Backed by the first Democratic-controlled Virginia legislature in over 20 years, Governor Ralph Northam vowed this week to implement new gun control laws, infuriating gun rights advocates who plan to respond with a rally. thousands of armed citizens.
Northam, who is leading the push for stronger gun laws in his state, said he wants to avoid a repeat of violence that erupted at a 2017 white supremacist rally in Charlottesville, when a march by white nationalists erupted and led to the death of a counterprotester.
"We have received credible intelligence from our law enforcement agencies that there are groups with malicious plans for the rally that is planned for Monday", Northam told reporters during a press conference on Wednesday.
Northam didn't go into specifics on what threats the state had seen, but he did mention the prospect of people storming the Capitol, and the possibility of groups "weaponizing drones" over the area.
Northam thanked the NRA for hosting a hosting peaceful event on NRA Lobby Day and called on the the Virginia Citizens Defense League (VCDL) to hold a "peaceful event as they have done in the past".
Gov. Ralph Northam delivers the State of the Commonwealth address at the Virginia State Capitol on January 8, 2020 in Richmond.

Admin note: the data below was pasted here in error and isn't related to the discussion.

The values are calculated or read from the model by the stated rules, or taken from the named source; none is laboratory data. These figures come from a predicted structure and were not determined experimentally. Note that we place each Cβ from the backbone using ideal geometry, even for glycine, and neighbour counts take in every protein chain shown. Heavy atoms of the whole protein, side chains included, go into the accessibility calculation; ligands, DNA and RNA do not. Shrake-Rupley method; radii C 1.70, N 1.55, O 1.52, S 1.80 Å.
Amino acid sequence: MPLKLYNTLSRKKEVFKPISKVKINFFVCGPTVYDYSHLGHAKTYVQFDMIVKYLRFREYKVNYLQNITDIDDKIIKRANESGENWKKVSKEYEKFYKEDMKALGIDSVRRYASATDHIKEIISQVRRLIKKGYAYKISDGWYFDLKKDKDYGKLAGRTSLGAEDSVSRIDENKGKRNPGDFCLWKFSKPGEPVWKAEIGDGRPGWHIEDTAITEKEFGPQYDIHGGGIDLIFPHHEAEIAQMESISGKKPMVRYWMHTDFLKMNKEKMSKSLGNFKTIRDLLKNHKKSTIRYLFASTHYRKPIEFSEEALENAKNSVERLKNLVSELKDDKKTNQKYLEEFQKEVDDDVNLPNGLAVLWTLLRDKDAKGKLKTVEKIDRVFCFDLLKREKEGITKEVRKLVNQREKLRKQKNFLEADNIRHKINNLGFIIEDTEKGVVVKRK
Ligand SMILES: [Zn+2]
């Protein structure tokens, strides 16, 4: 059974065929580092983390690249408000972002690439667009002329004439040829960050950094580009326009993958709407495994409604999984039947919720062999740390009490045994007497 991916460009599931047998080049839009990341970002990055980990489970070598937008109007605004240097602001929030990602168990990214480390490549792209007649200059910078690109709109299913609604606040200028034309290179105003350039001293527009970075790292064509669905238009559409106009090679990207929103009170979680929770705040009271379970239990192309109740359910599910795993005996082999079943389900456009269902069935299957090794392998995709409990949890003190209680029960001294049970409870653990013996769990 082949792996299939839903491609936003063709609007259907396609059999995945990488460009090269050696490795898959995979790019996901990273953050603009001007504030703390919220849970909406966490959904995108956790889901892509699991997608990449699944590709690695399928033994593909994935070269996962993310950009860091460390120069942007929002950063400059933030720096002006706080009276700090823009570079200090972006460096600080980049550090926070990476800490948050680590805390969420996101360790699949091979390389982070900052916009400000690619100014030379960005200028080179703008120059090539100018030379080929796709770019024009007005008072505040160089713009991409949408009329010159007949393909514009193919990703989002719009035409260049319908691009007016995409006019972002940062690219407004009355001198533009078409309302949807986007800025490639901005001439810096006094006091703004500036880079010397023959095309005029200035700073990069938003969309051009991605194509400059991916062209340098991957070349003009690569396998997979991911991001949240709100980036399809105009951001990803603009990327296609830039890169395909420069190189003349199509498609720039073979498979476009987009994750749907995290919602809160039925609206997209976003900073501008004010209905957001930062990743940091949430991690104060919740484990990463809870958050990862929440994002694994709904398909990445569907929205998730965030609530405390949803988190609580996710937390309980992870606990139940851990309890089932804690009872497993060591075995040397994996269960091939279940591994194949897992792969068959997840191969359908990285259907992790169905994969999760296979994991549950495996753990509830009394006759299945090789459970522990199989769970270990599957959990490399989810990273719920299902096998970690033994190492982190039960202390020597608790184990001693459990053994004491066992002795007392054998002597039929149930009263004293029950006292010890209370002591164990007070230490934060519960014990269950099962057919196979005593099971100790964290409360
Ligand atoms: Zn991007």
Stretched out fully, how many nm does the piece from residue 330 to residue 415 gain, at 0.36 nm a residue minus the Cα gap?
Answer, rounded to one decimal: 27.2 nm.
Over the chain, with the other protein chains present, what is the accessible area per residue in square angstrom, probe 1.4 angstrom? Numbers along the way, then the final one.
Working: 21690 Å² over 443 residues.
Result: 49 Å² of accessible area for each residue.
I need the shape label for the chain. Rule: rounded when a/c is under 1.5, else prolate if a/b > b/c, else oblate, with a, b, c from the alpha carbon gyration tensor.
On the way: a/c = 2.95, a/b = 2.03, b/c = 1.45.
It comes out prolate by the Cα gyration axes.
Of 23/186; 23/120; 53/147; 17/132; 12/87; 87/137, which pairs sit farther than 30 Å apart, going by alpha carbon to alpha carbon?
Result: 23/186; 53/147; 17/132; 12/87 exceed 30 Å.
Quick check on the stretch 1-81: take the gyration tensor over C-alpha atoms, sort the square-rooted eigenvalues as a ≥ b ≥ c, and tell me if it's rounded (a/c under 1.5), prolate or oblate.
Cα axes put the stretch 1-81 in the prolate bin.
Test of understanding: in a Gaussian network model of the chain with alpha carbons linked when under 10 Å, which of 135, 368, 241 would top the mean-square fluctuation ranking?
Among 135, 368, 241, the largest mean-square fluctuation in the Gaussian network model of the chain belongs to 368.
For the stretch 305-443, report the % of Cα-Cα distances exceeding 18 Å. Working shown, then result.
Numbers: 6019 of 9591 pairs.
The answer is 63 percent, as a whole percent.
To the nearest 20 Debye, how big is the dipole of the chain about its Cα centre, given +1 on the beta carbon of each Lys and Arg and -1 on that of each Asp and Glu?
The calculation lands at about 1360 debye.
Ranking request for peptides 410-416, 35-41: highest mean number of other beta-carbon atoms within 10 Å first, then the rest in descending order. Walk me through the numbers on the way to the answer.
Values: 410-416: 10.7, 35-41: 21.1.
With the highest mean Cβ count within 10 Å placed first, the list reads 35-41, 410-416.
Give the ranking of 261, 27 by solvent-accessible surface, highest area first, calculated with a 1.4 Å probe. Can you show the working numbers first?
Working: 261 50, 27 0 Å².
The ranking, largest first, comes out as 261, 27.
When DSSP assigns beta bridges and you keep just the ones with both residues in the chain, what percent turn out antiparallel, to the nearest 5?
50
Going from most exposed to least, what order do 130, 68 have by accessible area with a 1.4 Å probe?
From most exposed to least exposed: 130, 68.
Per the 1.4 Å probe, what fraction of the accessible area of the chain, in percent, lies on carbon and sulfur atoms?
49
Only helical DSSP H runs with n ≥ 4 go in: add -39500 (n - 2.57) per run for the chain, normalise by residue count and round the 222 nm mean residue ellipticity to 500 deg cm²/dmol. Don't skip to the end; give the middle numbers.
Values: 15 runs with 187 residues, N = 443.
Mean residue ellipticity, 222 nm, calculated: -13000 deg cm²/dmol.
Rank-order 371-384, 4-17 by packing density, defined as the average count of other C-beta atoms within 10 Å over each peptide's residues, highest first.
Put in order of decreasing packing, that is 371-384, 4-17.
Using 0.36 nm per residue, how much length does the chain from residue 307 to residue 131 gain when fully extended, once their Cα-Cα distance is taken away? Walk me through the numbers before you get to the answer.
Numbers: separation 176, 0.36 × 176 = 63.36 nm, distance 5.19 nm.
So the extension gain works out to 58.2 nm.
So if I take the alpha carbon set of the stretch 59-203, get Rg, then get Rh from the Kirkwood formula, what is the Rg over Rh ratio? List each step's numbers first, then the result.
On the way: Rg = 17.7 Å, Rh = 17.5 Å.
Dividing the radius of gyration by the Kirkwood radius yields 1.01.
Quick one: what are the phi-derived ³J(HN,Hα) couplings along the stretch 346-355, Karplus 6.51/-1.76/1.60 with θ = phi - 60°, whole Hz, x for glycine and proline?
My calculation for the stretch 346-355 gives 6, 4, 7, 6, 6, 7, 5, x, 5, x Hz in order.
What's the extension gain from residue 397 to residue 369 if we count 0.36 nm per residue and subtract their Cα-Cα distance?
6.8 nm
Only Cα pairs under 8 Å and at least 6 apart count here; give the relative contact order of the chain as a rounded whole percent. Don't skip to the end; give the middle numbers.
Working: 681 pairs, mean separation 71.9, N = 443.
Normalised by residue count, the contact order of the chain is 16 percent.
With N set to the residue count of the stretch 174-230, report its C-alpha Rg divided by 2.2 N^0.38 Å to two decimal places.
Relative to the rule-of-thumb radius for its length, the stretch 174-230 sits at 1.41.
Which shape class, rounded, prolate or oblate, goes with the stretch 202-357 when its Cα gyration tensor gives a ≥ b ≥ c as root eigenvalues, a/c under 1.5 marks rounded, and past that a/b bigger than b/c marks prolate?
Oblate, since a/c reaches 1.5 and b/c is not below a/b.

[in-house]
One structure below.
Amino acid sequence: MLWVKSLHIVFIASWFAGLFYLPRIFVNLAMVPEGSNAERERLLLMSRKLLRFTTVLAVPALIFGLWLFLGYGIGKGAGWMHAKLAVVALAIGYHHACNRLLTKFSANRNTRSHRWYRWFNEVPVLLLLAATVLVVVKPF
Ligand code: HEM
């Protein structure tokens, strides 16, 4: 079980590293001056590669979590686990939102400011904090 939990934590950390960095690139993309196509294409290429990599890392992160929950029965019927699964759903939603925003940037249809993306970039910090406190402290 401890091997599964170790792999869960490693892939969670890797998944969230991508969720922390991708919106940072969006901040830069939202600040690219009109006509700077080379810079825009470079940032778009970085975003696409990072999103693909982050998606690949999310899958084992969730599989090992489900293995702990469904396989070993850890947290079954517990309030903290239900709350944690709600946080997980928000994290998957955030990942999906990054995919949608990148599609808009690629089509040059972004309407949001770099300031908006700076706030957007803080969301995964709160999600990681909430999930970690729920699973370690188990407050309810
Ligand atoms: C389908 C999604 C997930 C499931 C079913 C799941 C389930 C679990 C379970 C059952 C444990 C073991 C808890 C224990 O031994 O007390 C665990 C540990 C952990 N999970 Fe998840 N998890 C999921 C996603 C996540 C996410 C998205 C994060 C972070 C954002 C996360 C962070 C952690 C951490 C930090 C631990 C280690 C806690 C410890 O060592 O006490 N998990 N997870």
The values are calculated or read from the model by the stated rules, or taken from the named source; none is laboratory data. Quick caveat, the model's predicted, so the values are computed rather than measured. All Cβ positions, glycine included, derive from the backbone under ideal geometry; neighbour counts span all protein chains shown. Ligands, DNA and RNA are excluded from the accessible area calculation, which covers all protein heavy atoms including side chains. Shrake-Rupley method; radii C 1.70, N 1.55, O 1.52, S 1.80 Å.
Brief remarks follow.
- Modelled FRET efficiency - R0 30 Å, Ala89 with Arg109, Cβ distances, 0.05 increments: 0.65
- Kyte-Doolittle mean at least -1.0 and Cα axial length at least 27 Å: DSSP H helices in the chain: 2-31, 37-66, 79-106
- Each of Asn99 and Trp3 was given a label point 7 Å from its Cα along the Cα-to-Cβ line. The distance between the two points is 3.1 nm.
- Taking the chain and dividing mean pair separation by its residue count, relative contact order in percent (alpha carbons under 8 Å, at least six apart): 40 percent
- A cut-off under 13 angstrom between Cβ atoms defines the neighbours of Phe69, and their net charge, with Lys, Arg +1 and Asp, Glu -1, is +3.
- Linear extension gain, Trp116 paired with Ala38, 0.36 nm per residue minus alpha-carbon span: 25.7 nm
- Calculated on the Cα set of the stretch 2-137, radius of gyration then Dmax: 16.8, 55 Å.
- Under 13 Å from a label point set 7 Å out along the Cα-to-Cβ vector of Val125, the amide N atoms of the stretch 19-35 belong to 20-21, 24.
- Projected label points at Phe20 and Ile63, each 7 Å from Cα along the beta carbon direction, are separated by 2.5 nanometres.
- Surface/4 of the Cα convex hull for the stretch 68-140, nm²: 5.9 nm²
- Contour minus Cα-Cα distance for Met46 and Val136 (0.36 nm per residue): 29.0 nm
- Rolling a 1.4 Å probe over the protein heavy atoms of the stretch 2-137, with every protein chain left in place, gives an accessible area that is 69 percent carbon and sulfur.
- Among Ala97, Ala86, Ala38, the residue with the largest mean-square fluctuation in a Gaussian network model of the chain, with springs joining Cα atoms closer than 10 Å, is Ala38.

Since the election, some officials in almost all of Virginia's 95 counties have declared they would not enforce new gun laws, calling themselves "sanctuary cities" for gun rights - adopting a term first used by localities opposed to harsh treatment of illegal immigrants.
On official, speaking to the news agency, cited a posting that included a photo of an AR-15 and said there are "great sight angles from certain buildings" near Capitol Square. One woman was killed and several more were injured when a vehicle plowed into a group of counterprotesters.
Newly empowered Democrats in the General Assembly voted Friday to ban guns at the Capitol and a legislative office building, saying the move was needed to protect public safety.
Northam's declaration will also ban items like helmets and shields, items that some white nationalists carried in Charlottesville.
Some of the bills include universal background checks on guns, an assault rifles ban and a "red flag" law that would give judges the authority to order an individual to temporarily turn in their weapon if they are deemed a threat.
Some localities have declared themselves "Second Amendment Sanctuary Cities" and pledged not to enforce state gun restrictions. Gun owners are descending on local government offices to demand they establish sanctuaries for gun rights.
The change in legislative control has made Virginia a key target for people on both sides of the gun-rights debate, one of America's most polarizing issues.